| improve this answer | |
  • 10
    It's rather amusing they use a slang American-style term to explain why they don't need an American-style document about their government – Machavity Jun 22 '19 at 22:44
  • 6
    @Machavity “ain’t”? I wouldn’t consider that American; it’s widely used in various British English dialects. I’d probably associate it most closely with Cockney English, but is used across the country, mostly by those of a lower class. – Tim Jun 23 '19 at 11:44
  • 1
    @Mast : There are many ambiguous laws, the interpretation of which heavily rely on the circumstances, precedents, culture and tradition. It would be nigh impossible to codify them all, and take absolutely all possible future circumstances into account. Trying to get all of them into the same document will either make that document excessively long, or would change and limit some laws and customs, likely in an unforeseen way. Think about it like implementation-defined behavior in programming. If you tried to force one of them into the spec, you might make many existing programs non-conforming. – vsz Jun 24 '19 at 6:21
  • 2
    @JJJ I think we can safely assume that the cited paragraph wasn't being so pedantic as to be referring to the codification itself as the unwanted change, but rather some kind of change to the content of the constitution is implied by the codification process, which is what mast's comment is asking about. – JBentley Jun 24 '19 at 10:44
  • 1
    @ChrisClayton note that the bottom of that page reads 'Prepared 10 July 2014'. ;) – JJ for Transparency and Monica Jun 24 '19 at 11:29

The UK does not have a written constitution in the same sense as most other countries do.

The document you've linked to is an attempt to reference to various events that have changed the way that the country is governed and run over the past 800 years. Perhaps it could form the basis of a written constitution if it was ever decided to go down that route, but at the moment, they hold no greater status than any other Act of Parliament.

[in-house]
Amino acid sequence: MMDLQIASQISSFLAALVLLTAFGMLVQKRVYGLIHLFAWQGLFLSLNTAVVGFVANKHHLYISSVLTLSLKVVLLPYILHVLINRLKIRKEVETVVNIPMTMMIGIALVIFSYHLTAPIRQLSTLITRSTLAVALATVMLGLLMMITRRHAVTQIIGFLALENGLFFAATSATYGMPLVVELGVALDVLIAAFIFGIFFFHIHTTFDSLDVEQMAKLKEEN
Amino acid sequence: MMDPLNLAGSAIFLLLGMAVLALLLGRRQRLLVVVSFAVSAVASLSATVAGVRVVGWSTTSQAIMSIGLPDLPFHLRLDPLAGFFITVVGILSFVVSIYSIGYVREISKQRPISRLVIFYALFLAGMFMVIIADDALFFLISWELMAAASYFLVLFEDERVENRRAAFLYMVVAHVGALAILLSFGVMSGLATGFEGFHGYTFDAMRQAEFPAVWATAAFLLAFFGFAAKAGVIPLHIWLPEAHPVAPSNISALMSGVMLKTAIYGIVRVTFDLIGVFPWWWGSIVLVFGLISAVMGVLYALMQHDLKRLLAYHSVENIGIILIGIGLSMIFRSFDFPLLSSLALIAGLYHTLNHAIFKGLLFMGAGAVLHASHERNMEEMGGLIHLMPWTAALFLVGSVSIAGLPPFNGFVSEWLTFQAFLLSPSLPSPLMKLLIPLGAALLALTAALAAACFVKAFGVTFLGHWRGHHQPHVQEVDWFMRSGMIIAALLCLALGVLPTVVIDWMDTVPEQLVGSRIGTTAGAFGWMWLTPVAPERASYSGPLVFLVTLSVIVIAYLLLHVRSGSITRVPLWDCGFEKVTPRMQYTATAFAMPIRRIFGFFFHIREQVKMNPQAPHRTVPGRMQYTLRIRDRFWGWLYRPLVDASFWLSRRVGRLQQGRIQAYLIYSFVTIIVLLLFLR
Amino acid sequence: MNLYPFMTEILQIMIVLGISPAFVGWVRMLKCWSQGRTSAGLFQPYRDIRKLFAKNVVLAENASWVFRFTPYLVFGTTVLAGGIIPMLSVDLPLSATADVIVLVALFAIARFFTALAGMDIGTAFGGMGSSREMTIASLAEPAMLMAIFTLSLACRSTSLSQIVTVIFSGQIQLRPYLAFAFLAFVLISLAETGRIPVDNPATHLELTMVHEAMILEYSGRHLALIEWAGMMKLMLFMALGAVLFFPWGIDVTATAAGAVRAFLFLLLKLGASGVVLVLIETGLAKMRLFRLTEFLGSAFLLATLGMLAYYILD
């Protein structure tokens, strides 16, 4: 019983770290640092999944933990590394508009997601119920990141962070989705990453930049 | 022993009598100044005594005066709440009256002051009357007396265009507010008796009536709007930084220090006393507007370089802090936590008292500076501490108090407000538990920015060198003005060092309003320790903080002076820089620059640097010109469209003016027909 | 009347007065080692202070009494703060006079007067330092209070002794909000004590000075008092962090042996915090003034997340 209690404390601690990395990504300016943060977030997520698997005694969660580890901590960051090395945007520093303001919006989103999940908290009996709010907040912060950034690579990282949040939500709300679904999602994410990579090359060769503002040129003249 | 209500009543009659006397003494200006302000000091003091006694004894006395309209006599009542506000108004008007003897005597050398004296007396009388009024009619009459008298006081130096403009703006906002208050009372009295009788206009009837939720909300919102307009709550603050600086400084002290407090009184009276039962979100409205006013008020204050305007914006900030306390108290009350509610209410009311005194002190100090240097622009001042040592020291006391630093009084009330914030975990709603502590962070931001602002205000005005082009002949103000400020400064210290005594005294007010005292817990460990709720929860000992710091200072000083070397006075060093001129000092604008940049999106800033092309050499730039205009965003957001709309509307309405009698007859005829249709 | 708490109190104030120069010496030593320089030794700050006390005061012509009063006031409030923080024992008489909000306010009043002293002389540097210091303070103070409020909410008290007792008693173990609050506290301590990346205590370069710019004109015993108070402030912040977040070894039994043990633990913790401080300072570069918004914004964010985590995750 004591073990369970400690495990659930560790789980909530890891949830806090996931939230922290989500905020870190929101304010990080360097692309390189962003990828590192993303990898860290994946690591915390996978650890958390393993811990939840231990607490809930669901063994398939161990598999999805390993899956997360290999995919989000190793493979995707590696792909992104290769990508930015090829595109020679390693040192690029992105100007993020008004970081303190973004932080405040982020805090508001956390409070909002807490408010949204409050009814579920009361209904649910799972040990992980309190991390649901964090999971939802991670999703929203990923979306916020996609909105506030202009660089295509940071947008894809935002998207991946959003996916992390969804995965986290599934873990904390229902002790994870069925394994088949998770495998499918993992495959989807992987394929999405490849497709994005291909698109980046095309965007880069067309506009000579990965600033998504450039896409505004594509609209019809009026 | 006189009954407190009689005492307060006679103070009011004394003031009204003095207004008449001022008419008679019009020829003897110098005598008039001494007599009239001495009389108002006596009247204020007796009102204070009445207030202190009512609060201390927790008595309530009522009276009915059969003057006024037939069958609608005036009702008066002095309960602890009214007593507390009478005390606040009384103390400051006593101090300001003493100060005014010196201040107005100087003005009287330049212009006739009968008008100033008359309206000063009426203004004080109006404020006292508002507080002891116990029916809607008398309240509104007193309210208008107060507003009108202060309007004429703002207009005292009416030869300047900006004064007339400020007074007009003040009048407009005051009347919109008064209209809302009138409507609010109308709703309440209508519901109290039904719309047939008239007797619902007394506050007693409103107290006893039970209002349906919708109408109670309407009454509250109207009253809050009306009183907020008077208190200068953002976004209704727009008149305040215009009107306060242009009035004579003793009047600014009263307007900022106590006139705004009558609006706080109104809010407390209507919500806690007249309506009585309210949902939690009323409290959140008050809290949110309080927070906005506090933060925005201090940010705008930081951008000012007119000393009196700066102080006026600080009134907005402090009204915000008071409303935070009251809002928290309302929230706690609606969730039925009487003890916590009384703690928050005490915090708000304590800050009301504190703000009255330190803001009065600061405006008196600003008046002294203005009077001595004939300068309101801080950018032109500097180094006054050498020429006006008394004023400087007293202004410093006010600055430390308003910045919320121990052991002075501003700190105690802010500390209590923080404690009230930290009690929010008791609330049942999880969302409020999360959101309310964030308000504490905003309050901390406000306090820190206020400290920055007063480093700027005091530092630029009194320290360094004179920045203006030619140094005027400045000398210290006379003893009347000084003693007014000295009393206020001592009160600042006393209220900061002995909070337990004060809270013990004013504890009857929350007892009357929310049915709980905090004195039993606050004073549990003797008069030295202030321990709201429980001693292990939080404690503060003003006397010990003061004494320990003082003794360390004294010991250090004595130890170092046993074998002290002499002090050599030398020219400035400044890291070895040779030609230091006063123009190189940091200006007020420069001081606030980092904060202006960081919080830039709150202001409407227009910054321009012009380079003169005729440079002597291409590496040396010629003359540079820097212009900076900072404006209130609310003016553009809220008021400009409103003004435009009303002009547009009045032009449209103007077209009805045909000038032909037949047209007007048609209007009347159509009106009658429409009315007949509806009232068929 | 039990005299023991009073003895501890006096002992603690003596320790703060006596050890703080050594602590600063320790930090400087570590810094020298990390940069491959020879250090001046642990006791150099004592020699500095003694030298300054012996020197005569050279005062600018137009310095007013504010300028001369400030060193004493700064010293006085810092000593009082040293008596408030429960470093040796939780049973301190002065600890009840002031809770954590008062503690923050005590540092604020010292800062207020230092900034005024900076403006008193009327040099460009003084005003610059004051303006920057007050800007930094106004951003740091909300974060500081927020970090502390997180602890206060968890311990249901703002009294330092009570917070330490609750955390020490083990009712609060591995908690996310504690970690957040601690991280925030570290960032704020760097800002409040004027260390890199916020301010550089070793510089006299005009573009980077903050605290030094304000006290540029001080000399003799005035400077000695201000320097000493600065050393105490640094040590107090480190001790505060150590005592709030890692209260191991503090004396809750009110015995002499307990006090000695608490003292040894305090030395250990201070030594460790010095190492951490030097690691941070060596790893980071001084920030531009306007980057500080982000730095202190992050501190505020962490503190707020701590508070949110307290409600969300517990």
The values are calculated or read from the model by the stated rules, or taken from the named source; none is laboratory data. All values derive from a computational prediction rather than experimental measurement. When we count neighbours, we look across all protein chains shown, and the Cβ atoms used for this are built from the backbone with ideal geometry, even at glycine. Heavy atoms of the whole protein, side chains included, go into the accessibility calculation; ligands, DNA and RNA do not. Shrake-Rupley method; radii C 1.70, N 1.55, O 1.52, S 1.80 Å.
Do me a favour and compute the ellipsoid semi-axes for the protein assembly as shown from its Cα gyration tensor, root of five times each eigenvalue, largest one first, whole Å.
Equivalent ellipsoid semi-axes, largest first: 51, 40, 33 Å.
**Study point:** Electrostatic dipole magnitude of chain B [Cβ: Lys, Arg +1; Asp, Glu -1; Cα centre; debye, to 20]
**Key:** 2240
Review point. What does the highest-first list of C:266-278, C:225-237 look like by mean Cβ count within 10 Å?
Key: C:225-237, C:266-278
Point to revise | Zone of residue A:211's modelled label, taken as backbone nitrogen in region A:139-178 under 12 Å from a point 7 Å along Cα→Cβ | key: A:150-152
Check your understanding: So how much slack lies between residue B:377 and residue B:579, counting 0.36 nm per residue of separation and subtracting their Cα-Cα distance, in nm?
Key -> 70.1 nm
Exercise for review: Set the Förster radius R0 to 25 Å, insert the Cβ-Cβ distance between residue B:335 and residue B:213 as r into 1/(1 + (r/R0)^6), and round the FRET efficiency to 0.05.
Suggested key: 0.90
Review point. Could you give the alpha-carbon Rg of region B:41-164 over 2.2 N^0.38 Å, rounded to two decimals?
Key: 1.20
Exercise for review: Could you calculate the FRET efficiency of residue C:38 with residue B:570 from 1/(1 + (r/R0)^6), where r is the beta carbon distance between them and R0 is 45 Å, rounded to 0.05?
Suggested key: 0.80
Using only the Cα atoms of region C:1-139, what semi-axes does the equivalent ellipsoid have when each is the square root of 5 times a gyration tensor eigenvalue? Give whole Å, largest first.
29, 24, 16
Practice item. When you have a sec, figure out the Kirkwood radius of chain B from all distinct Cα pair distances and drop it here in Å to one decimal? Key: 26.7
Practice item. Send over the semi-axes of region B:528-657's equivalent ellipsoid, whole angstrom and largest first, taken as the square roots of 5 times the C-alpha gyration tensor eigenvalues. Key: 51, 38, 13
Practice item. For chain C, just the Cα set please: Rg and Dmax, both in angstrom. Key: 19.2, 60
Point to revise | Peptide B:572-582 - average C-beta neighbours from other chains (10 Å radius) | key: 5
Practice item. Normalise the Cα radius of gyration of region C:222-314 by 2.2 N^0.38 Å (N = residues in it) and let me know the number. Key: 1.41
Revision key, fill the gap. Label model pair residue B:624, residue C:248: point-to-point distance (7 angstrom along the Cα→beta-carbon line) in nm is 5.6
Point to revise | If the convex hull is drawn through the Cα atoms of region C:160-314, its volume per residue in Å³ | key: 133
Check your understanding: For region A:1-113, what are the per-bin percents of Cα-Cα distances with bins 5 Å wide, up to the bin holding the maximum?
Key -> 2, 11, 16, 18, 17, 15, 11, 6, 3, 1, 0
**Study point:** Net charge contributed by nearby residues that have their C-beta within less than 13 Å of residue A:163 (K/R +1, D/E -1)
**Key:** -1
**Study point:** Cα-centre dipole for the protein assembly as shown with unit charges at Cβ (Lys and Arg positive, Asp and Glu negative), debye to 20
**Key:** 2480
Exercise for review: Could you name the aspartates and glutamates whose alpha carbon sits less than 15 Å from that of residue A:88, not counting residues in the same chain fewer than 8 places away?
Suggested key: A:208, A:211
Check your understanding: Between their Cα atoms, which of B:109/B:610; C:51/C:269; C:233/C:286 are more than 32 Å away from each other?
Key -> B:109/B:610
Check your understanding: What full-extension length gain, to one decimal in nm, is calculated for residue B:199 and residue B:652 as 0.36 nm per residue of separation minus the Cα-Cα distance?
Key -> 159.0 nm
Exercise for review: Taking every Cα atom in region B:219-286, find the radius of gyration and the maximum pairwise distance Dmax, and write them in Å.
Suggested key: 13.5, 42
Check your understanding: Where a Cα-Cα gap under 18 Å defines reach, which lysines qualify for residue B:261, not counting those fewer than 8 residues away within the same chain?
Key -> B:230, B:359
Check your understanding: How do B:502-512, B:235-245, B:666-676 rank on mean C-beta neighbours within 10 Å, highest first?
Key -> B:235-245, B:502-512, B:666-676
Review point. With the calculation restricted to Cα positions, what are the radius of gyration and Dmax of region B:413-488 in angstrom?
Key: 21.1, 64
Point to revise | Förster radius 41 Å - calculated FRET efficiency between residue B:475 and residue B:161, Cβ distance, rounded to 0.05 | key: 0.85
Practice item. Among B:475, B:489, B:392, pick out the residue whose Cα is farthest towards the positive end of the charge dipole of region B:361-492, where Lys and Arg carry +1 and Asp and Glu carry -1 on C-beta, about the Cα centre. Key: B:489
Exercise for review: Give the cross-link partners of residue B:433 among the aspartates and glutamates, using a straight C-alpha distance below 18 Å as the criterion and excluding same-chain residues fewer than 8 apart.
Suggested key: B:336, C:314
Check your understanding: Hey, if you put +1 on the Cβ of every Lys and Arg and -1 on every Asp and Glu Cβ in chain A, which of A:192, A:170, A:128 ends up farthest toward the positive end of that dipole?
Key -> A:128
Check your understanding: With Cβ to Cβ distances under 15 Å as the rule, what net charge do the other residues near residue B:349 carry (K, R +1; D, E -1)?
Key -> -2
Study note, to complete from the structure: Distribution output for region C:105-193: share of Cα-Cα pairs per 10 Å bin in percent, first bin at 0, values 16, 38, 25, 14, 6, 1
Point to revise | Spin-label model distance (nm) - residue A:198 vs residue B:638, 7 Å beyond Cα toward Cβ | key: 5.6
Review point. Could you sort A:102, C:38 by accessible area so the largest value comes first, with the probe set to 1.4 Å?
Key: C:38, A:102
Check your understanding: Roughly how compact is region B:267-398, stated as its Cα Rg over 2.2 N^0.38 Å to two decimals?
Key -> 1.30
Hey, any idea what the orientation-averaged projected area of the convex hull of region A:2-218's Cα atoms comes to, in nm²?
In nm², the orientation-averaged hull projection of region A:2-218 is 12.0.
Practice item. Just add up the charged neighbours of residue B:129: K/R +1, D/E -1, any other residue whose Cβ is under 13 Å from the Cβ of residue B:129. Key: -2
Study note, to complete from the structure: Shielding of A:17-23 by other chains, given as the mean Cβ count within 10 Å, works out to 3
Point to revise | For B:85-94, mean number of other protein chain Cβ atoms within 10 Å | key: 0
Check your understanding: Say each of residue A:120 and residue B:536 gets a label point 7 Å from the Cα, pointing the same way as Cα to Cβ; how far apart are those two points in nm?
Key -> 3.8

| improve this answer | |
  • 1
    Certain Acts of Parliament do in fact have a sort of "elevated status" due to their constitutional nature, compared with other Acts. Consider for example the European Communities Act 1972 and the multitude of judgements that that has spawned which have effectively overridden subsequent Acts by stretching rules of interpretation to the limit in order to read them in a EU-law compliant way. This is something that would never happen in judicial interpretation of a "normal" act. – JBentley Jun 24 '19 at 10:52
  • As another example, consider the Parliament Acts 1911/49 and the way in which they limited Parliament's sovereignty. If these were treated as "normal" Acts then they ought not to be possible given that Parliament in theory cannot bind its future self. As a more general point, constitutional Acts are treated differently by the courts and have different political implications (e.g. the political implication that typically compels a government to amend/repeal an Act that has been found to be incompatible with the Human Rights Act 1998). – JBentley Jun 24 '19 at 10:53
  • @JBentley The parliament acts don't bind a future parliament any more than any other act as a future parliament could repeal them with a simple majority vote in the House – JGNI Jun 24 '19 at 11:31
  • 1
    @JGNI They bind future parliaments in the sense that the House of Lords is powerless to vote down future bills, whereas previously it was sovereign in this regard. Indeed, the Parliament Acts themselves demonstrate this, as the PA 1911 was used to deprive the Lords of its power to block the PA 1949. Under "true" sovereignty, the Lords would not have been self-bound by the earlier Act, and could have rejected the 1949 Act. The PA Acts are unique in that they modify the very rules by which Parliamentary sovereignty operates. – JBentley Jun 24 '19 at 12:02
  • @JGNI Or, to use your choice of phrasing, the position before was "a future parliament could repeal them with a simple majority vote in the houses [plural]" , whereas now the Commons could repeal them without a majority in the Lords - the Lords would be "bound" to allow the repeal to go through. – JBentley Jun 24 '19 at 12:05

You must log in to answer this question.

Not the answer you're looking for? Browse other questions tagged .